The Grace of Being a Newcomer

I enrolled in a novel writing class and I confessed to a fellow writer that I feel a lot of pressure to put into practice everything I’m learning. I want my dialogue to conceal and reveal. I want to keep the reader guessing but not withhold too much. I want the plot to be engaging while also emotionally stirring. And I want to do all that perfectly in the first draft.

There aren’t many areas of my life where perfectionism continues to show up, but this is one of them. I care so much about the heroine’s journey novel I’m writing and that means I want to do this story justice. I want it to be the best book it can possibly be and so, hello perfectionism. When I shared this angst with my friend she said to me, “Give yourself the grace of being a newcomer,” and it felt like rubbing aloe vera on a sunburn.

Ahhhhh. Grace. Yes. I know people talk about writing terrible first drafts and understanding that’s a part of the process, but characterizing a draft as “terrible” is a judgment. There’s space for perfectionism because if you know a draft is terrible, that means there’s a certain standard you have for the draft that it’s currently not meeting. When I say to myself, “This draft is awful. God, I can’t believe I wrote this,” I’m judging my efforts and not giving myself grace.

child's drawing

What if I let myself learn like a child? Photo by Anima Visual on Unsplash

I’ve never taken a creative writing class before. I know nothing about novel writing. I didn’t get an MFA; I got a bachelor’s in journalism. Ask me to write an anecdotal lead and I can bang one out in a jiffy. Ask me to write a novel and I’m stumped. In other words, novel writing is completely new to me and by holding myself to a high standard, I’m stifling creativity. I’m not letting myself play around. I’m not extending compassion and forgiveness toward myself. In other words, I’m not treating myself like I treat other beginners.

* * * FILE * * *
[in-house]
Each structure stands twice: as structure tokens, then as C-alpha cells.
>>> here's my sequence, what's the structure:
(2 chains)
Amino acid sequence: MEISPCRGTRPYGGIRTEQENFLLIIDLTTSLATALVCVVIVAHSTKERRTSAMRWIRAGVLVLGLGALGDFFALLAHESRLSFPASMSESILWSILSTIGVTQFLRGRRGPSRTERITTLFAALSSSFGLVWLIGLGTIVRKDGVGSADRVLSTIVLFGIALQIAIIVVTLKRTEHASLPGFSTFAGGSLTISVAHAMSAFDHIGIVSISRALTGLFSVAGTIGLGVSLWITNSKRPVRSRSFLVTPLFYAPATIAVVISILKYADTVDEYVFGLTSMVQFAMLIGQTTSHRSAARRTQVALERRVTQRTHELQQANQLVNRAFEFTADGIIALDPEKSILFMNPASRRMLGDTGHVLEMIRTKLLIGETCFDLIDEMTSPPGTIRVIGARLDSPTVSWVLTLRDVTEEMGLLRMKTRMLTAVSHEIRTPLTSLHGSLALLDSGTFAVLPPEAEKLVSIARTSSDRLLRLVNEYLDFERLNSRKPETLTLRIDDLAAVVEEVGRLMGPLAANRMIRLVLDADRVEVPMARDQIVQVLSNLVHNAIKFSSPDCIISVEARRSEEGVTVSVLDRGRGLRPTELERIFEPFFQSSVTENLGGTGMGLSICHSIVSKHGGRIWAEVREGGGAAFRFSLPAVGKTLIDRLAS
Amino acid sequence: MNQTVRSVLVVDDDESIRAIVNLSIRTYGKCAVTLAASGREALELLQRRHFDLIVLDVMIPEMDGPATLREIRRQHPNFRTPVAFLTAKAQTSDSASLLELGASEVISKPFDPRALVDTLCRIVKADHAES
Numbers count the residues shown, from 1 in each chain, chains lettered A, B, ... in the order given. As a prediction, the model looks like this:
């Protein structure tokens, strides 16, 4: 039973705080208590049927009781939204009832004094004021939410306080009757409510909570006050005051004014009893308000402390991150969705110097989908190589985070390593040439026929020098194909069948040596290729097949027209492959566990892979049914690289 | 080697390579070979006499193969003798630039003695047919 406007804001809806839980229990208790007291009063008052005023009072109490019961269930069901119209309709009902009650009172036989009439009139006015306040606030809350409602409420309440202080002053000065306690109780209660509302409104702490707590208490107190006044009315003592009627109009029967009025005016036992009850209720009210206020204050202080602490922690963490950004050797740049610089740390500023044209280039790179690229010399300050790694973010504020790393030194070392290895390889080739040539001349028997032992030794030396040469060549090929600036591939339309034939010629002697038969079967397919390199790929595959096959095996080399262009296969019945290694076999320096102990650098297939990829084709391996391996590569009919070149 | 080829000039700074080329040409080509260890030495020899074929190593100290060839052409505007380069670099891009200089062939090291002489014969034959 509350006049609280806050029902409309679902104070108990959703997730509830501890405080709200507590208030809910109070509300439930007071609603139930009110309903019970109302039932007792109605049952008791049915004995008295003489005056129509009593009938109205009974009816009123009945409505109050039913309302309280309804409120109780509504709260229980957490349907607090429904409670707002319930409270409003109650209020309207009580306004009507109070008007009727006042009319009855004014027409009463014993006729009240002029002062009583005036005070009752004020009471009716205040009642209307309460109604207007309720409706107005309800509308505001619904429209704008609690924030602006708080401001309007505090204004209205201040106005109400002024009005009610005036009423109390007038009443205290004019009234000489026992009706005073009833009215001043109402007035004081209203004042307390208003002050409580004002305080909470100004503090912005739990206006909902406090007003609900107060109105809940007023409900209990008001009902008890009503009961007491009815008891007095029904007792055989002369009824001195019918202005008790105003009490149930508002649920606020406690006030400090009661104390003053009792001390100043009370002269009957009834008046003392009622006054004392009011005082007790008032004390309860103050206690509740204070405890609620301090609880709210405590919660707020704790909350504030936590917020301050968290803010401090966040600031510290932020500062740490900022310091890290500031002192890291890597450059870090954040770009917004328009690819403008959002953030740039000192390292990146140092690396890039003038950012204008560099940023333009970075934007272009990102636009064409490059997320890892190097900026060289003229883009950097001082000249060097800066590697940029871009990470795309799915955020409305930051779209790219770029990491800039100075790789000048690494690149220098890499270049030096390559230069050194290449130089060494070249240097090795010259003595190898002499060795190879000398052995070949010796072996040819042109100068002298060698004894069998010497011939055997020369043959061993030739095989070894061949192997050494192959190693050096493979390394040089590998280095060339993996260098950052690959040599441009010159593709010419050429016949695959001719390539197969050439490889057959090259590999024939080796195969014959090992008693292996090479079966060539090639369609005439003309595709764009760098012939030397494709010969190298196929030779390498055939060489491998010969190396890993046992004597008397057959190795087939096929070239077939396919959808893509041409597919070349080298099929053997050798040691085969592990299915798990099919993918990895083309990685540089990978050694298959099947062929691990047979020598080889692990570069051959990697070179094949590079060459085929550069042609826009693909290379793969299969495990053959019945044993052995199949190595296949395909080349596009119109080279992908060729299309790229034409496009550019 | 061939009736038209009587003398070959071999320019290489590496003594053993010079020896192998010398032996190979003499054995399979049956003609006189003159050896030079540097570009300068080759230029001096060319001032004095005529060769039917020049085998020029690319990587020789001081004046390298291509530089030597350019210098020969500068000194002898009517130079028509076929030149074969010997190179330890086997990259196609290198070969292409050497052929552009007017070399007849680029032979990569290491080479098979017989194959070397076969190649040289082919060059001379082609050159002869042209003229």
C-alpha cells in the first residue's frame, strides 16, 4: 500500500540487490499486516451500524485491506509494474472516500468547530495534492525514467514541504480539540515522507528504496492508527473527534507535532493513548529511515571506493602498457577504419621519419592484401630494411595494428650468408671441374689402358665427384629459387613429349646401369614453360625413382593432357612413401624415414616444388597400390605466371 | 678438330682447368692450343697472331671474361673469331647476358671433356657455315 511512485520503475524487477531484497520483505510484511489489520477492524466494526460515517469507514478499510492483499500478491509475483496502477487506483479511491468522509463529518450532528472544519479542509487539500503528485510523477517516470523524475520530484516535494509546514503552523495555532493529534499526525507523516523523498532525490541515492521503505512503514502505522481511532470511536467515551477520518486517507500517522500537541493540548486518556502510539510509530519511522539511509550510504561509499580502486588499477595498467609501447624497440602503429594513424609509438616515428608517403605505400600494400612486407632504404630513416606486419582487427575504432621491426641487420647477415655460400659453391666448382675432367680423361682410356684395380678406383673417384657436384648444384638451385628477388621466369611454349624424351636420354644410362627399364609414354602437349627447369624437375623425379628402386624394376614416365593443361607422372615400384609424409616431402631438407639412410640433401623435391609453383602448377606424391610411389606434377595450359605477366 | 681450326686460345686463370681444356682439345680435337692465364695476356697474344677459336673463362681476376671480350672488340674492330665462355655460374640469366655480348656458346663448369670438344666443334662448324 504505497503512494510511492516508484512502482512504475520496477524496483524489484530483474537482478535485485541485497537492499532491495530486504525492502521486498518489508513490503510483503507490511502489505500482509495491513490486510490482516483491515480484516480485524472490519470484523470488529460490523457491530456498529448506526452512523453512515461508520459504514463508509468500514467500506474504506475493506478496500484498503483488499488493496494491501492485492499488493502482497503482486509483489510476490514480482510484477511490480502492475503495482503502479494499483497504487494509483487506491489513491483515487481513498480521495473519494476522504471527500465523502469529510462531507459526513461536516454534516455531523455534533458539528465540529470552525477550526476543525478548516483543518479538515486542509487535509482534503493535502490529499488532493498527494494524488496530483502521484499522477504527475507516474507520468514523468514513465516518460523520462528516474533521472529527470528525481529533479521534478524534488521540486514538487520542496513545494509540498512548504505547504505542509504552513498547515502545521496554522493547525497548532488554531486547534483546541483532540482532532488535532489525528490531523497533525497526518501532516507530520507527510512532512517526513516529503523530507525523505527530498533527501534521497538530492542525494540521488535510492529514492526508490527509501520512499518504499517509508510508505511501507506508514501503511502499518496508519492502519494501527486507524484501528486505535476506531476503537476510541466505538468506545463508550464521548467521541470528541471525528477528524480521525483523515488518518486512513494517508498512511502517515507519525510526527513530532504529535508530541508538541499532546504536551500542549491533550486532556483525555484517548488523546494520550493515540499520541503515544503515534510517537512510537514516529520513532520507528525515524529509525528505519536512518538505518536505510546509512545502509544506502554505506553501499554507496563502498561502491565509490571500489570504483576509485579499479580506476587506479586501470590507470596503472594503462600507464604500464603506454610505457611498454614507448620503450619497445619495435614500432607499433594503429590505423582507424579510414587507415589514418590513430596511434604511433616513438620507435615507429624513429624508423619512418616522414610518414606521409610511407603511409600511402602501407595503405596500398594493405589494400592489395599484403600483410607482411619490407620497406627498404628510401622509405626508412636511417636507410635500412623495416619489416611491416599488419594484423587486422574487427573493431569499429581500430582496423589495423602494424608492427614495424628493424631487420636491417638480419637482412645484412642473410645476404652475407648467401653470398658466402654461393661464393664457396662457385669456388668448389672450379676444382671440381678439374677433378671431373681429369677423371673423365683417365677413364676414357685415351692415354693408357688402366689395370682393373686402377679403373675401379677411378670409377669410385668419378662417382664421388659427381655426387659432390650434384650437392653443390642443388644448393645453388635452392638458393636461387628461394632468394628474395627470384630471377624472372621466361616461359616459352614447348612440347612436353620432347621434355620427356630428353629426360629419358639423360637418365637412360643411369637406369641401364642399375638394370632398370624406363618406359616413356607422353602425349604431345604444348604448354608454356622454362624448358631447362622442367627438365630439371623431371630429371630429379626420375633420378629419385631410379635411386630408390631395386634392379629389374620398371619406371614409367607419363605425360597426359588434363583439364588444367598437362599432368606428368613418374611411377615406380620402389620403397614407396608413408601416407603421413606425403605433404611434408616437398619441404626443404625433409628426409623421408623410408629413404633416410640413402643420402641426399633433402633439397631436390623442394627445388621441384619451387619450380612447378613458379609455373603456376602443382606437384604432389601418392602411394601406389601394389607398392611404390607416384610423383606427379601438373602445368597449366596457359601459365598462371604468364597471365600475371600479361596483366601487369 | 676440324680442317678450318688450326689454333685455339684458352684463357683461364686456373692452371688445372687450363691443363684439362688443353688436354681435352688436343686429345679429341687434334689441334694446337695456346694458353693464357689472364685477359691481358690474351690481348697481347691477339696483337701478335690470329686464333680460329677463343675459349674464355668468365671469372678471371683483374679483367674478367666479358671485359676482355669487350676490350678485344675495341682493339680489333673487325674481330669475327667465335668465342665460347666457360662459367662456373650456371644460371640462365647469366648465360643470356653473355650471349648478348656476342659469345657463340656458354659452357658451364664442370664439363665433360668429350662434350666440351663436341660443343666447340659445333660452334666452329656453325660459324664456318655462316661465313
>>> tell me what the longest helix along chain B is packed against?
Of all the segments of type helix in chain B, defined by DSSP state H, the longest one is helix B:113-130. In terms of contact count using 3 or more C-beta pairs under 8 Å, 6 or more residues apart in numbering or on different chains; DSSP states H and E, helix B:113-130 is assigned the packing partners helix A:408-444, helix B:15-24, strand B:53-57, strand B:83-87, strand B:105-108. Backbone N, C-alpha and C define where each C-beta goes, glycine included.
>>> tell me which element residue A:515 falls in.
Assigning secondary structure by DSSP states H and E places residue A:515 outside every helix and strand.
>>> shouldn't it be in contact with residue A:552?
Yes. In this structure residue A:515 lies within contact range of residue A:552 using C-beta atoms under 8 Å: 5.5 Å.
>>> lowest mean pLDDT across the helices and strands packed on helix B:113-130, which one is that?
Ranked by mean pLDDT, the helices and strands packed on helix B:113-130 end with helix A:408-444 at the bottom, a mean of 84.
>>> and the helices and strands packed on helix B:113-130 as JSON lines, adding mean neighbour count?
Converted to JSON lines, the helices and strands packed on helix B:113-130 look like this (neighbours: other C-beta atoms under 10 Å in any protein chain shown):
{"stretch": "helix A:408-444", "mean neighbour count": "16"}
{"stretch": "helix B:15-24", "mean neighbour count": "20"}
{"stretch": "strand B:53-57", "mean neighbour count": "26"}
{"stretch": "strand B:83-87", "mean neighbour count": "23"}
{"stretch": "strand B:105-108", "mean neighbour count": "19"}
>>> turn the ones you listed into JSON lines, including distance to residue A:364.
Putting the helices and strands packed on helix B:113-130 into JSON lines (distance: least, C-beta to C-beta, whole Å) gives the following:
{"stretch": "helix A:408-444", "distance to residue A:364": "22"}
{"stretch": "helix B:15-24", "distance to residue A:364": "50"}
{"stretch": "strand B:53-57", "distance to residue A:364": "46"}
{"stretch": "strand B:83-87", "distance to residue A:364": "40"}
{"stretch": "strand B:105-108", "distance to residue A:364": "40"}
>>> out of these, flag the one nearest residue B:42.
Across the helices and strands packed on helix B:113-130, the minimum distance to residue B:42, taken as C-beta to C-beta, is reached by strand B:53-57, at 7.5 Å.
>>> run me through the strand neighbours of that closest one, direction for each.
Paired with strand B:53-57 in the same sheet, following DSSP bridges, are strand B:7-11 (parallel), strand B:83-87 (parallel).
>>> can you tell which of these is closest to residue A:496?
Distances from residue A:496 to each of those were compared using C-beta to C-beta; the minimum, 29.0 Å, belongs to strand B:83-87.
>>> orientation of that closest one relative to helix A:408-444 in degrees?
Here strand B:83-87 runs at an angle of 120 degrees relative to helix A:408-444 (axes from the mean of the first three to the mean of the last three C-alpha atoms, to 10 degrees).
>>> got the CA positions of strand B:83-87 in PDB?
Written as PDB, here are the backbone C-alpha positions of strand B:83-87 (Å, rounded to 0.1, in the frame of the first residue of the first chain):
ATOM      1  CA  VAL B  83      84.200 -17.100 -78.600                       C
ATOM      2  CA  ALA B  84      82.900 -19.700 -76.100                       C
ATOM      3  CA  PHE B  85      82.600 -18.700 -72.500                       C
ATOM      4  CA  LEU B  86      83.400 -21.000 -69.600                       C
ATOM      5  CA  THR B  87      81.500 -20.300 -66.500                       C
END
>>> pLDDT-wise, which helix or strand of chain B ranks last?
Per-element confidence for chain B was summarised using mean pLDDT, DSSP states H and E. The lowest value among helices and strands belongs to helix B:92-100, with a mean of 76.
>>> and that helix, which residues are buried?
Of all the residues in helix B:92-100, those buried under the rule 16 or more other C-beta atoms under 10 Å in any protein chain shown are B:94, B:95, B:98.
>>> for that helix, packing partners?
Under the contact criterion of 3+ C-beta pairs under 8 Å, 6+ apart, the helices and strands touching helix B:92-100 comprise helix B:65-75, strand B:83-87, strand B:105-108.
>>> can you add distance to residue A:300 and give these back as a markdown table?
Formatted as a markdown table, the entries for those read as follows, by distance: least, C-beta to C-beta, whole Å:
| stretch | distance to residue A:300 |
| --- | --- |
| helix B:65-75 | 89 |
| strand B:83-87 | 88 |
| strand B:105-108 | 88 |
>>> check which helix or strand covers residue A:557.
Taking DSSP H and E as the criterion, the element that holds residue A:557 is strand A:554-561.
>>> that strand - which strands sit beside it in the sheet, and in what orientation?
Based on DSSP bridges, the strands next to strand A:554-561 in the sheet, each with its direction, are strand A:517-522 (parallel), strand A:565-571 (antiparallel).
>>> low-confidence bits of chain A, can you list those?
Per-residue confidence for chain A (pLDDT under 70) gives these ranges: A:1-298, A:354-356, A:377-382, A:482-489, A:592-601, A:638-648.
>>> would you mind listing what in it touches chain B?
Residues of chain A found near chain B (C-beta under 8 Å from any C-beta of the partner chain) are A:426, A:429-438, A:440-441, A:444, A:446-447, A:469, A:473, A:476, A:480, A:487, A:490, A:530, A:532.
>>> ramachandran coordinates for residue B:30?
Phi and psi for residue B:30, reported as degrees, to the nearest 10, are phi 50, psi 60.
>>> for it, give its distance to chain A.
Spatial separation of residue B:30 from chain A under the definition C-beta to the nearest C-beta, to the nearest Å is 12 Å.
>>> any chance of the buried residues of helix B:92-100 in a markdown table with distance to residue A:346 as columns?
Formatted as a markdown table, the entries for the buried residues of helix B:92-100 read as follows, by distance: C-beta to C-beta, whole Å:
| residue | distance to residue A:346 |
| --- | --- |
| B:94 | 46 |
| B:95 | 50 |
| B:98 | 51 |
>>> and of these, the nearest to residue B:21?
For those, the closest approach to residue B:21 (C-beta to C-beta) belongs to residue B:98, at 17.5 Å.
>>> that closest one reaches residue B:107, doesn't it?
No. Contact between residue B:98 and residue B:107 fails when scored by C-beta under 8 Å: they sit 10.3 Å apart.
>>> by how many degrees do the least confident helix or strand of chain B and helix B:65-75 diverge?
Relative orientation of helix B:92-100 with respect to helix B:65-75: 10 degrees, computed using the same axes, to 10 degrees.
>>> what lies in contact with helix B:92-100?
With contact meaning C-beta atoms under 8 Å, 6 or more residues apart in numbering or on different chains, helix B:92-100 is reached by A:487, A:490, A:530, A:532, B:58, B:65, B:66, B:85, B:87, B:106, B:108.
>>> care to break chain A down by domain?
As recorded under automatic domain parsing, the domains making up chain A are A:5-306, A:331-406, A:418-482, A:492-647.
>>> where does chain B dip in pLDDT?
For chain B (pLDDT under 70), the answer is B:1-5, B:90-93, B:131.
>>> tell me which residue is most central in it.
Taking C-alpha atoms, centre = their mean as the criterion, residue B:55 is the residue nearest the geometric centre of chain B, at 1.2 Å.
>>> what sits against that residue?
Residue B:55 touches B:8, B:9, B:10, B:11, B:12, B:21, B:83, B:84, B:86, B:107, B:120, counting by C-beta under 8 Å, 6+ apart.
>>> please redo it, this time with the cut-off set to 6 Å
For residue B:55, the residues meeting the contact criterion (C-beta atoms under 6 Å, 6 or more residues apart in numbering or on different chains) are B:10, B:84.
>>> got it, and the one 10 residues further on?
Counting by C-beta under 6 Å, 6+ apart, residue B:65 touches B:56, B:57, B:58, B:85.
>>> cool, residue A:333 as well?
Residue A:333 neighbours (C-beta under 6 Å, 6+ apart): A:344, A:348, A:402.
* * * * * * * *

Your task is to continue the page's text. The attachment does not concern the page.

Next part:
When my young nieces and nephews draw me a picture, I don’t say, “This is terrible. The head is three times larger than the rest of the body.” No, I exclaim in delight and say, “Wow! Look at that!” because they’re young and they’re just learning how to draw. I want to encourage them to keep going because they enjoy it. I don’t have expectations my nieces and nephews will be famous visual artists by the age of 8. I’m letting them be kids. However, I don’t do that with adults, either myself or others. As adults, there’s an expectation that we are at least competent with whatever we’re doing. That means not sucking at surfing, or not playing the piano without striking the wrong key, regardless of how long we’ve taken lessons.

Psychiatrist Dr. Gail Saltz says, “Culture is consumed with being an expert.” In fact, average levels of social perfectionism rose by about a third from 1989 to 2016 in a study of 41,000 college students. Is that number higher now? Probably.

We’re not giving ourselves the grace of being a newcomer. Even in the numerous articles I read on this topic, the writers said, “Let yourself fail,” or had titles with, “The case for being bad at something.” One even mentioned you’ll start off sucking but eventually, you’ll get better at crocheting or whatever your activity is. How about if we changed that narrative?

What if instead of proclaiming something we’re doing is good or bad, excellent or terrible, we let ourselves just be? What if we treated ourselves like small children, encouraging ourselves to keep learning and growing without judging the outcomes? I’d likely enjoy what I’m doing more. Maybe you would too.

I dream of a world where we approach new skills and hobbies with an open mind. A world where we leave judgment out of the equation as we learn something new. A world where we stop expecting we’ll be an expert at whatever we try. A world where we give ourselves the grace of being a newcomer.

Another world is not only possible, it’s probable.

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